Anal Fissures

Anal Fissures

An anal fissure is a tear in the skin surrounding the anus (passage that passes out the stool). Anal fissures are uncomfortable and painful which gets worse during or after defecation. At times, the anal fissure may bleed a bit. These fissures may occur in adults or in children.
Anal fissures most often heal by themselves within a few weeks.
 
What causes anal fissures?

An anal fissure may occur due to many reasons:
  • Irregular bowel habits and straining at stools
  • Frequent diarrhoea
  • Severe constipation
  • Straining during child birth
  • Over tight anal sphincter muscles
  • Injury to the anal canal
 
The rare causes for anal fissure include:
  • HIV
  • Syphilis
  • Anal cancer
  • Tuberculosis
  • Herpes infection 

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What are the signs and symptoms?
  • Pain around the anus during and after bowel movements
  • A small lump / tag near the torn skin
  • A visible tear around the anus
  • Burning or itching sensation in the anal region
  • Blood marks on outside of stool or tissue paper
  • Spasm of the anal muscles and difficulty in passing stools

What are the treatment options?
 
Preventing constipation will help anal fissures heal and prevent them recurring in the future.

  • Increase your daily intake of fibre with foods such as fruit, vegetables and whole grains
  • Avoid dehydration by drinking plenty of water
  • Exercise regularly
  • Have regular toilet habits and do not delay going to the toilet when you feel the urge
  • Use toilet paper that is soft and does not have alcohol  
  • Soak your bottom in a warm bath (Sitz bath) to relax the muscles in your anus
  • Use stool softeners that are available over the counter in the pharmacy 

Medications

There are a number of different medications your doctor may recommend to help with your symptoms and allow the fissure to heal.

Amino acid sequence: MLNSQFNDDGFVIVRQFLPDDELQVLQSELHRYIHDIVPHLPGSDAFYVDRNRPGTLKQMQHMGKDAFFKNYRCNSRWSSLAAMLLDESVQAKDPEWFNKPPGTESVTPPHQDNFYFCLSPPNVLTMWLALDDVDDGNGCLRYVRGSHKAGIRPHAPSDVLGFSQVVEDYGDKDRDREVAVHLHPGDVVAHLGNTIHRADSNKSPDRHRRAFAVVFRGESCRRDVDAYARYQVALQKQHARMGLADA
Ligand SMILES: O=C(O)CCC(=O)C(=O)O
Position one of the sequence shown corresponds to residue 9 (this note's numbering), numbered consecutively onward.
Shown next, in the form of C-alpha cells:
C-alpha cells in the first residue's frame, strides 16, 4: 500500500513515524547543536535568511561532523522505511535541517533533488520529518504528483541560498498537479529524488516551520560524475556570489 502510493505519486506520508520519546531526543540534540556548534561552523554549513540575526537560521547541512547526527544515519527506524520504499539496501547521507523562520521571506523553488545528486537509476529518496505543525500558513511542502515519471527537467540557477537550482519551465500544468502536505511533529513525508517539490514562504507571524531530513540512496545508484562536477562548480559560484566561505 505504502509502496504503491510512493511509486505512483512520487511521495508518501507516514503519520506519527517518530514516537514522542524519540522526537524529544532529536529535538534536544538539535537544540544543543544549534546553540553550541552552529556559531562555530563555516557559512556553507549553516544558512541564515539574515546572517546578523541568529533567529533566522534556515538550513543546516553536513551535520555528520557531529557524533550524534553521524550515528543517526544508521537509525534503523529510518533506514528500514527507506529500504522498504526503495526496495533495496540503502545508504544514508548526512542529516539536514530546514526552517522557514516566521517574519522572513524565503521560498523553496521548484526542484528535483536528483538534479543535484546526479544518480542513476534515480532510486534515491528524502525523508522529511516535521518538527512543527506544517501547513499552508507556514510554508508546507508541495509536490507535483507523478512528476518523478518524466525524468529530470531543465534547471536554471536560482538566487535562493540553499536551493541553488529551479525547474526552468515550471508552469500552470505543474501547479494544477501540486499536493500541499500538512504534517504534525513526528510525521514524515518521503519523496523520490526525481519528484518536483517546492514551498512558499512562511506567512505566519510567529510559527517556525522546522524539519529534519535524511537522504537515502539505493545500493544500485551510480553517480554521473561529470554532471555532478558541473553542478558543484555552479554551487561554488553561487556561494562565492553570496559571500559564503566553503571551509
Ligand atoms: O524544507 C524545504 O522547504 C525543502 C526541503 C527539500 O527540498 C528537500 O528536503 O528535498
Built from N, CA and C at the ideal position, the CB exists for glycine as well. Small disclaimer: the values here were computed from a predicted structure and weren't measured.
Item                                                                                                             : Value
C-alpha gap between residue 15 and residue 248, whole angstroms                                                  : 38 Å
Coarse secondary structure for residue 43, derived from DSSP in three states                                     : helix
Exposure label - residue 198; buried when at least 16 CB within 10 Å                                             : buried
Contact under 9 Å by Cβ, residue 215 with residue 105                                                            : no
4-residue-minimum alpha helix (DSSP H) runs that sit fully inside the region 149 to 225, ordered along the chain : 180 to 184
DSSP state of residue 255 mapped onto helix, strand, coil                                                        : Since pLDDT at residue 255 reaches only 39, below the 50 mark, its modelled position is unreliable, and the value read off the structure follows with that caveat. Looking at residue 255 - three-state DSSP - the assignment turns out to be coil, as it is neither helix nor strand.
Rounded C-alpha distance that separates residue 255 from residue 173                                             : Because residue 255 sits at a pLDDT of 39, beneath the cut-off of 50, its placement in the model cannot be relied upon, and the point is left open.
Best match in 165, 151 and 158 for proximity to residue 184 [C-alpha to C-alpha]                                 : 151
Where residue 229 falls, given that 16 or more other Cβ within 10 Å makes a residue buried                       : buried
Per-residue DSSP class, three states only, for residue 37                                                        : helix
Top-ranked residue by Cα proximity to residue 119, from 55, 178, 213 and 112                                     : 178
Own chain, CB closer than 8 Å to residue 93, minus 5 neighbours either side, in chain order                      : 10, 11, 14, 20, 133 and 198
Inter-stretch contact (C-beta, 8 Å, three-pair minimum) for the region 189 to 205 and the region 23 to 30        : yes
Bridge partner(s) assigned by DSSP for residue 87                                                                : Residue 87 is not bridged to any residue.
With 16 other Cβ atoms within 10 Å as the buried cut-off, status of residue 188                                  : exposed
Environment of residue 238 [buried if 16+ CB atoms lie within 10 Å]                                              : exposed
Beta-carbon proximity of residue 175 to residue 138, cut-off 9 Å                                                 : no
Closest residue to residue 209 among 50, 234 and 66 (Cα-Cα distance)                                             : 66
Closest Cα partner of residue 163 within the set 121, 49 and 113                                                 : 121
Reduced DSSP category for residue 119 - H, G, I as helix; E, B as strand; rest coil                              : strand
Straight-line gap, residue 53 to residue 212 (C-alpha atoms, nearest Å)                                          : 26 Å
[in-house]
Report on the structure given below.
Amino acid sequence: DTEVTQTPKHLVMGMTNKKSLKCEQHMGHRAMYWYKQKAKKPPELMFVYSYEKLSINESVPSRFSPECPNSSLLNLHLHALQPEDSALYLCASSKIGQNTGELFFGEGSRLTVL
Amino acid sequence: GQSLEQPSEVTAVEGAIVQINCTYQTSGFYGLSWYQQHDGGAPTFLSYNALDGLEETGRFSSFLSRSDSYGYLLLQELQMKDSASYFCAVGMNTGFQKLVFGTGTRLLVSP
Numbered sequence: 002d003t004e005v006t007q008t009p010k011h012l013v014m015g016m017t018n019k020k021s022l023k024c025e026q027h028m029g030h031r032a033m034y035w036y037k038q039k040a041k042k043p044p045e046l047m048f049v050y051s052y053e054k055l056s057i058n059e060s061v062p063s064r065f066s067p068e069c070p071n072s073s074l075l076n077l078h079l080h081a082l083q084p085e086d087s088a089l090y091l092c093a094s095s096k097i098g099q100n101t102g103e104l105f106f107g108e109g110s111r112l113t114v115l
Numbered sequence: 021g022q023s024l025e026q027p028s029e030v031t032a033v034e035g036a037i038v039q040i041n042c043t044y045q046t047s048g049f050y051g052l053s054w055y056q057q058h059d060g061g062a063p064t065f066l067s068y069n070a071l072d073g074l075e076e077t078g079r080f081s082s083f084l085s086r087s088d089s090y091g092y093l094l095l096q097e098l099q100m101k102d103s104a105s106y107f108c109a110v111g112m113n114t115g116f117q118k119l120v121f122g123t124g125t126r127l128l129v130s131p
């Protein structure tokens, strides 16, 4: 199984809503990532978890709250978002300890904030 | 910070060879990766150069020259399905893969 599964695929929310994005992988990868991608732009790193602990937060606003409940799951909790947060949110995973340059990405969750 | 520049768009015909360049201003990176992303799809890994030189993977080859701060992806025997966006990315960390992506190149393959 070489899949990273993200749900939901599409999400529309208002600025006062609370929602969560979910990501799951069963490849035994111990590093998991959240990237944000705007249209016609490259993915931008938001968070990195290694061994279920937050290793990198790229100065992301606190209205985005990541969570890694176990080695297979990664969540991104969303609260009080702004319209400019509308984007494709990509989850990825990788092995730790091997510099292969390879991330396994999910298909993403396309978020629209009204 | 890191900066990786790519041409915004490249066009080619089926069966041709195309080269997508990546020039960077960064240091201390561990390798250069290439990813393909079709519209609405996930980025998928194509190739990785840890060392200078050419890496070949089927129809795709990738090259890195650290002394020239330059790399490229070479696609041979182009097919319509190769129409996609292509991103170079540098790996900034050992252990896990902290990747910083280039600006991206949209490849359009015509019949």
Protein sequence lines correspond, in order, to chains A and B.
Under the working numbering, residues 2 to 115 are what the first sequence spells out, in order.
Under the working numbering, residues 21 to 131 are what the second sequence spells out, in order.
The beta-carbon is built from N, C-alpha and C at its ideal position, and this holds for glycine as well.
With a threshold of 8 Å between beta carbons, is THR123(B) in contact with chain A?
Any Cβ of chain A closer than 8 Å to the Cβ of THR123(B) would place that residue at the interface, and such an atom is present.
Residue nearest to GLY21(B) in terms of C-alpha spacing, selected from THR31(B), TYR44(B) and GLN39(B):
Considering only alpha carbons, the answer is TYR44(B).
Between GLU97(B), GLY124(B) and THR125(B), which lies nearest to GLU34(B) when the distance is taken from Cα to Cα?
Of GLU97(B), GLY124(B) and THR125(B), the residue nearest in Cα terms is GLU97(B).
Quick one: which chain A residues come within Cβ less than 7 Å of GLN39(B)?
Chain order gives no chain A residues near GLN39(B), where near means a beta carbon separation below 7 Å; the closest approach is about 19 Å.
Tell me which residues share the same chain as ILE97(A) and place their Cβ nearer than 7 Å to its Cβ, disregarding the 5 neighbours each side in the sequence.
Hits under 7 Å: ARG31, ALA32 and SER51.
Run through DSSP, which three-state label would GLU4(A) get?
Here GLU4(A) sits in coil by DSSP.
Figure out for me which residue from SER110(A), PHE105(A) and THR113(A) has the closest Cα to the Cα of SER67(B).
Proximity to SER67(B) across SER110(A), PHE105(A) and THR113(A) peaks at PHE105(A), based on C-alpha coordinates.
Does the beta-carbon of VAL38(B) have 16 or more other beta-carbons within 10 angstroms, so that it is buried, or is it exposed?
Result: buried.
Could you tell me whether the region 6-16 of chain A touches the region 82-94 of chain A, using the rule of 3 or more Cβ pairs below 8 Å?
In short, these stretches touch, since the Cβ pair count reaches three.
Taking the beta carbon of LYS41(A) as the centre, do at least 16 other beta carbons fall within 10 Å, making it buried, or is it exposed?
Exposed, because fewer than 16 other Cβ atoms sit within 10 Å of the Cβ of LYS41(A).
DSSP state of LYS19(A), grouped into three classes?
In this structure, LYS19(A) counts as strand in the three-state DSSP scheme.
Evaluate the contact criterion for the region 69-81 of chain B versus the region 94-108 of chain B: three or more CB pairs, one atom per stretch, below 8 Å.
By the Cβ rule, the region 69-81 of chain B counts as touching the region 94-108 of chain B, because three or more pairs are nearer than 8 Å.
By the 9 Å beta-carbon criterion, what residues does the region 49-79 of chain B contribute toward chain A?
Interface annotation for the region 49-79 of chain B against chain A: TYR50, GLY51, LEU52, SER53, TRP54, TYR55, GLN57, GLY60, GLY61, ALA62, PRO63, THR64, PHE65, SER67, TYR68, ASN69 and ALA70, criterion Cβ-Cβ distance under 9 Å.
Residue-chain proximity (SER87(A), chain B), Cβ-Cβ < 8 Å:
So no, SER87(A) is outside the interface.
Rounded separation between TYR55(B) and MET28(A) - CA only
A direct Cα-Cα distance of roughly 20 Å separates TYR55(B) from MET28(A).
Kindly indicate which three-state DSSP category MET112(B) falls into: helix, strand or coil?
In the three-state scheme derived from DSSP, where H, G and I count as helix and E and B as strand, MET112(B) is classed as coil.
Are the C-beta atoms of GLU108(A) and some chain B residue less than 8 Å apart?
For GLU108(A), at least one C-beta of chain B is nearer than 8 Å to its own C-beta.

Laxatives: Bulk-forming laxative tablets or granules work by helping your stools retain fluid, making them softer and less likely to dry out.

Painkillers: Painkillers will be prescribed if you experience prolonged burning pain after passing stools.  

Glyceryl trinitrate: For symptoms that do not settle, glyceryl trinitrate (GTN) ointment can be applied directly to the anal area, usually twice a day. GTN works by expanding blood vessels in and around the anus, which helps to increase the blood supply to the fissure, helping it heal faster. It can also help reduce the pressure in your anal canal, which should help ease the pain.
Headaches are a common side effect of this type of ointment and some people may feel dizzy or lightheaded after using GTN. It should be used with caution in women who are pregnant or breastfeeding.

Topical anaesthetics: Topical anaesthetics will help with severe anal pain to numb your anus before passing stools.
Lidocaine is the most commonly prescribed topical anaesthetic for anal fissures. It comes in the form of either a gel or an ointment.

Calcium channel blockers: Calcium channel blockers, such as diltiazem applied topically to the anus have proved useful in treating some people with anal fissures. It works by relaxing the sphincter muscle and increasing blood supply to the fissure.

Botulinum toxin injections: Botulinum toxin is a relatively new treatment for anal fissures that is used if other medications do not help. An injection of the toxin will paralyze your sphincter muscle which prevents the muscle going into a painful spasm. This reduces pain and allows the fissure to heal.

The effect of an injection lasts for around two months, during which time the fissure will heal.

When will you be advised surgery?

Surgery will be advised when nonsurgical treatment treatments fail to heal the condition. The types of surgery are:
  
Lateral sphincterotomy

A lateral sphincterotomy involves making a small cut in the ring of muscle surrounding the anal canal (sphincter) to help reduce the tension in your anal canal. This allows the anal fissure to heal and reduces your chances of developing any more fissures. The procedure is simple and carried out under general anaesthesia on a day care basis.

Side effects (seen in 5%) is a temporary loss of bowel control as a result of damage to the anal muscles. The person is unable to prevent passing wind but this usually lasts only a few weeks.

Advancement anal flaps

This is used to treat chronic anal fissures caused by injury to the anal canal or caused during pregnancy. Healthy tissue from another part of your body is used to repair the fissure and improves the blood supply to the site of the fissure.

What can you expect post-surgery?

After the surgery, one may experience some pain and discomfort that can be controlled with analgesics and will reduce rapidly. Inform your doctor if there is
  • Increasing pain, redness, discharge or swelling
  • A persistent fever of greater than 101°F with chills
  • Nausea or vomiting
  • Constipation for more than 3 days even after using a laxative
  • Severe bleeding
  • Difficulty in passing urine

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